What Do Zebras Eat? (Diet & Facts)

Do you love wearing animal prints? Which one is your favorite? If I had to choose, I would probably choose zebra print, as I think zebras look pretty cool with their black and white stripes.

Apart from their unique appearance, zebras are quite interesting animals. They are a popular tourist attraction, but they are also a significant part of food chains on African steppes. To learn more about Zebras, where they live, and what they eat, keep reading this article!

Facts About Zebras

Zebras naturally live in Africa, and they belong to the same genus as horses and donkeys. They can be found in eastern and southern Africa, in countries such as Kenya, Tanzania, Angola, South Africa, Namibia, Zambia, Botswana, Malawi, Zimbabwe, Ethiopia, and Uganda.


When it comes to their appearance, zebras look like striped hybrids of horses and donkeys. Each individual has unique stripes, but the exact purpose of these stripes remains unknown. However, one theory suggests that stripes serve as a deterrent against flies.

Another theory claims that stripes have a thermoregulatory function, while the third theory claims these stripes help zebras hide from their predators.

Zebras don’t actually have both white and black stripes, their fur is black and covered with white stripes. The zebras’ bellies are typically white. Zebras have large and hairy ears and strong legs that end in singular, hard hooves.


Since zebras live either in harems or large herds, the females will mate with stallions when they enter their estrous cycle. Once they become pregnant, they will carry their foal for approximately one year.

A newborn zebra foal is capable of walking and running within one hour after birth. It will follow anything that moves, so its mother will keep other mares away until the foal learns how to recognize its mother.

Baby zebras foals are also born with stripes, but their fur is reddish-brown, and it turns black as they grow. Since young foals are quite vulnerable to predator attacks, the whole group will try to protect them.

Fun Facts

Zebras have locking joints in their legs, which means they can fall asleep standing, without having to worry about losing their balance and falling. This is extremely useful when they are ambushed by predators and need to start running as soon as possible. However, zebras still need to lie down if they want to enjoy deep sleep.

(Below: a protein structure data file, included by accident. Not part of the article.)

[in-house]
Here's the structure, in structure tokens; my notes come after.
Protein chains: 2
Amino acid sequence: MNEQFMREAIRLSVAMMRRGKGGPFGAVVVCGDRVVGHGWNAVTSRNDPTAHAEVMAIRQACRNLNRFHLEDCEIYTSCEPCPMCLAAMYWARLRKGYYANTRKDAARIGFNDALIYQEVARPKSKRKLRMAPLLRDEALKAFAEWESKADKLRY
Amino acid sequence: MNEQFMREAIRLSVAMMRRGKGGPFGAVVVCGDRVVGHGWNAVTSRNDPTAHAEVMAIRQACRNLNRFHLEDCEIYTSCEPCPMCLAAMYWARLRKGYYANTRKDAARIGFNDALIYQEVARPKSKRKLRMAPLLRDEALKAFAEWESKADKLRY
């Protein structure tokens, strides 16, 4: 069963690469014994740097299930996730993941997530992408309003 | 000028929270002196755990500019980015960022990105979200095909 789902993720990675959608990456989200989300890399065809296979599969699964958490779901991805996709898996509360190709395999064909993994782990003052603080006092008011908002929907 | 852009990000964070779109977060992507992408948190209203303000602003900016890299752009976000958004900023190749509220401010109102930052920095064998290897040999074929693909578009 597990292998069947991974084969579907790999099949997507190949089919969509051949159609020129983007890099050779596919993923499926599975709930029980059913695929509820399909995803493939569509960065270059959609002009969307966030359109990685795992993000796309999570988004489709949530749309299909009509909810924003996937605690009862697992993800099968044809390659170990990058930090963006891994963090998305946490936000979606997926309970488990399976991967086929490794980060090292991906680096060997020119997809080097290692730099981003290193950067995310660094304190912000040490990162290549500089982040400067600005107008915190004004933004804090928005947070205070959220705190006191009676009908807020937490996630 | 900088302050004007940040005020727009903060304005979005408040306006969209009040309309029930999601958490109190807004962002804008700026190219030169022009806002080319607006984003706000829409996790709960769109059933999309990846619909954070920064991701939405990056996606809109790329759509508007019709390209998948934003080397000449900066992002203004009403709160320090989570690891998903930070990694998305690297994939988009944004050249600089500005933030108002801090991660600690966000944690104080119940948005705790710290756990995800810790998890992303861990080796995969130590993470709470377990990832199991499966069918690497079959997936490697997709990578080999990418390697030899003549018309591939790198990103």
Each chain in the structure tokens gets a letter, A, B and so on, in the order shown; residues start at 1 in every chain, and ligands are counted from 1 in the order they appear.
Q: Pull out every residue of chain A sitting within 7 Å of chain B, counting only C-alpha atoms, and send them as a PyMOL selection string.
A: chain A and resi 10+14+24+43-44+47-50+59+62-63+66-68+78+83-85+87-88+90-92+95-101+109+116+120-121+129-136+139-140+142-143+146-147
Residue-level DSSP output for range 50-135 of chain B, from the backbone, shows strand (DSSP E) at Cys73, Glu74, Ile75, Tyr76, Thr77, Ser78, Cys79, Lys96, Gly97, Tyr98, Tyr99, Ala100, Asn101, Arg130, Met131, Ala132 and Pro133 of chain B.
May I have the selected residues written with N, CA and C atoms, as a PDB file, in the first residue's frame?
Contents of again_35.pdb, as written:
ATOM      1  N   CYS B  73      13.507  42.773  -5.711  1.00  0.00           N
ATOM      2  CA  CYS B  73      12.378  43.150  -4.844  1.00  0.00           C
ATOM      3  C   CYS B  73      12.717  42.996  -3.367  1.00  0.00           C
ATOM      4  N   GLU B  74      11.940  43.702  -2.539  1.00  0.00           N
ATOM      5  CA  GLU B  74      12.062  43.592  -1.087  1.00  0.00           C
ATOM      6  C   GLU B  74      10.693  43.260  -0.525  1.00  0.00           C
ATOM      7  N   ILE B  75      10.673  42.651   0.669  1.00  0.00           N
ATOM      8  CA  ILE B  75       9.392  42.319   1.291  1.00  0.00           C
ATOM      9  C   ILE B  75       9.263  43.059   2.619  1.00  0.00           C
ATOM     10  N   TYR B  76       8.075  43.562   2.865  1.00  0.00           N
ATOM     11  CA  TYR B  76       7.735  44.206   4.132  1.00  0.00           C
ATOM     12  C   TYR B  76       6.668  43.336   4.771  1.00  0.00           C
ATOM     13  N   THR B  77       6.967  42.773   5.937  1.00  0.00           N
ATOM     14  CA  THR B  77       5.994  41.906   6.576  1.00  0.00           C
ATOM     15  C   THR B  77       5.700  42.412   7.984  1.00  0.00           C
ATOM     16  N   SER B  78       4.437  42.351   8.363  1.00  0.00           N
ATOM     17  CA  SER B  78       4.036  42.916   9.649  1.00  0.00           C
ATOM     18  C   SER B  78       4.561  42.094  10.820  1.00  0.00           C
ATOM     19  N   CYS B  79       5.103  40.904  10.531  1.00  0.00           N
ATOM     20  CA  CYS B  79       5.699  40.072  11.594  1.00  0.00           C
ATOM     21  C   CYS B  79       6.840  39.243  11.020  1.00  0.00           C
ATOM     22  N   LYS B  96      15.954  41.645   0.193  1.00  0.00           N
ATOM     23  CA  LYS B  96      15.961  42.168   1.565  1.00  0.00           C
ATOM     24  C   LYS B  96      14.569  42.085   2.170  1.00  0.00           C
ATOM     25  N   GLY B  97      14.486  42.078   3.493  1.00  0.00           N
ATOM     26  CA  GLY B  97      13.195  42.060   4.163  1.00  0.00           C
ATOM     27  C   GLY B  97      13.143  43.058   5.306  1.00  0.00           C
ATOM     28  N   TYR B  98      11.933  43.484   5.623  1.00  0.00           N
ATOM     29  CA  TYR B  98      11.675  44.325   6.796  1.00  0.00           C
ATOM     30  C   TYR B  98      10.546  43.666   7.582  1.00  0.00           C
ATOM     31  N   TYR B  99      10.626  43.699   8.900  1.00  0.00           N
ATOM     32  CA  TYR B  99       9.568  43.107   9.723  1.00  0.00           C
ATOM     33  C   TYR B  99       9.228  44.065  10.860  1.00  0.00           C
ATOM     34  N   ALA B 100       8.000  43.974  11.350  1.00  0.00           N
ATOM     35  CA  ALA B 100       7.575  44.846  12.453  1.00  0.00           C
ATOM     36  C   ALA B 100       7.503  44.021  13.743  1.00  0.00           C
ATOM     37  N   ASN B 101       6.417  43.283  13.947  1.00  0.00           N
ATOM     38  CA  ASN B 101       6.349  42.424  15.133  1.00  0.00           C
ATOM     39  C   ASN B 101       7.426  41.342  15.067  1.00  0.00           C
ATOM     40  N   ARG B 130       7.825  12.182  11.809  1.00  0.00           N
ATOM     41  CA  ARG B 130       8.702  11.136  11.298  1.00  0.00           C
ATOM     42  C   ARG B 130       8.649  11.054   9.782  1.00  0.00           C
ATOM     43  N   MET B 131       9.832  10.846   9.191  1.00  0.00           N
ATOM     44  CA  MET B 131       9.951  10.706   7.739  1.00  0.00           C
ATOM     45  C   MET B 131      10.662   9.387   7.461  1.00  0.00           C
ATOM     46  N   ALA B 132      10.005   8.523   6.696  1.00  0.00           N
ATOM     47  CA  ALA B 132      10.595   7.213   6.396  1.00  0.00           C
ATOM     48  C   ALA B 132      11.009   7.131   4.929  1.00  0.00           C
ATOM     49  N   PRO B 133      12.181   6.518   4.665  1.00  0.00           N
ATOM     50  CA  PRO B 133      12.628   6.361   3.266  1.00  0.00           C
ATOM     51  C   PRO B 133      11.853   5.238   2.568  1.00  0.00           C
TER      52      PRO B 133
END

Sadly, zebras are currently endangered due to various reasons. The first of them is excessive hunting by humans, but some other reasons include changes of habitats, lack of food sources, and inbreeding due to small subpopulation sizes.

Zebras have been a part of African culture for millennia, and many cave paintings depict zebras in their everyday lives. There are also many myths about how zebras got their stripes, one of them claiming they got scorched by fire.

From the dawn of human civilization up until today, zebras inspired numerous artists, and they are also mascots for various products and advertisements. In some countries, crosswalks are called “zebra crossings” because they are marked with white stripes like zebras.

Different Types Of Zebras

Today, there are only three species of zebras:

Grevy's zebra
Image Credit: Wikipedia
  • Grevy’s zebra  Also known as imperial zebra, this species is the largest among zebra species. It has narrower stripes, large ears, an elongated head, and a robust neck. Grevy’s zebras mostly live in semi-arid grasslands of eastern Africa: in Kenya, Ethiopia, and South Sudan.
Plains zebra
Image Credit: Maryland Zoo
  • Plains zebra – Also known as common zebra, this zebra species is the most widely distributed species of zebra. It has 6-7 subspecies and it covers a wide area of Africa (basically, almost everything south of the Sahara). It is a bit smaller than Grevy’s zebra, and it has broader stripes.
Mountain zebra
Image Credit: TripSavvy
  • Mountain zebra – The smallest zebra species mostly found in scrubby woodlands of southern Africa, mountain zebras are divided into two subspecies: Cape mountain zebra and Hartmann’s mountain zebra. There zebras have dewlaps, flaps of skin or flesh hanging below the lower jaw or neck.

Apart from these living species, fossil records speak about the existence of more species, with some of them even inhabiting Europe and Asia.


Since Grevy’s and plains zebras have almost the same chromosome numbers (46 and 44), they can mate and produce fertile offspring. If one of these two species mates with the mountain zebra, it will produce infertile offspring because mountain zebras have only 32 chromosomes.

What Do Zebras Eat?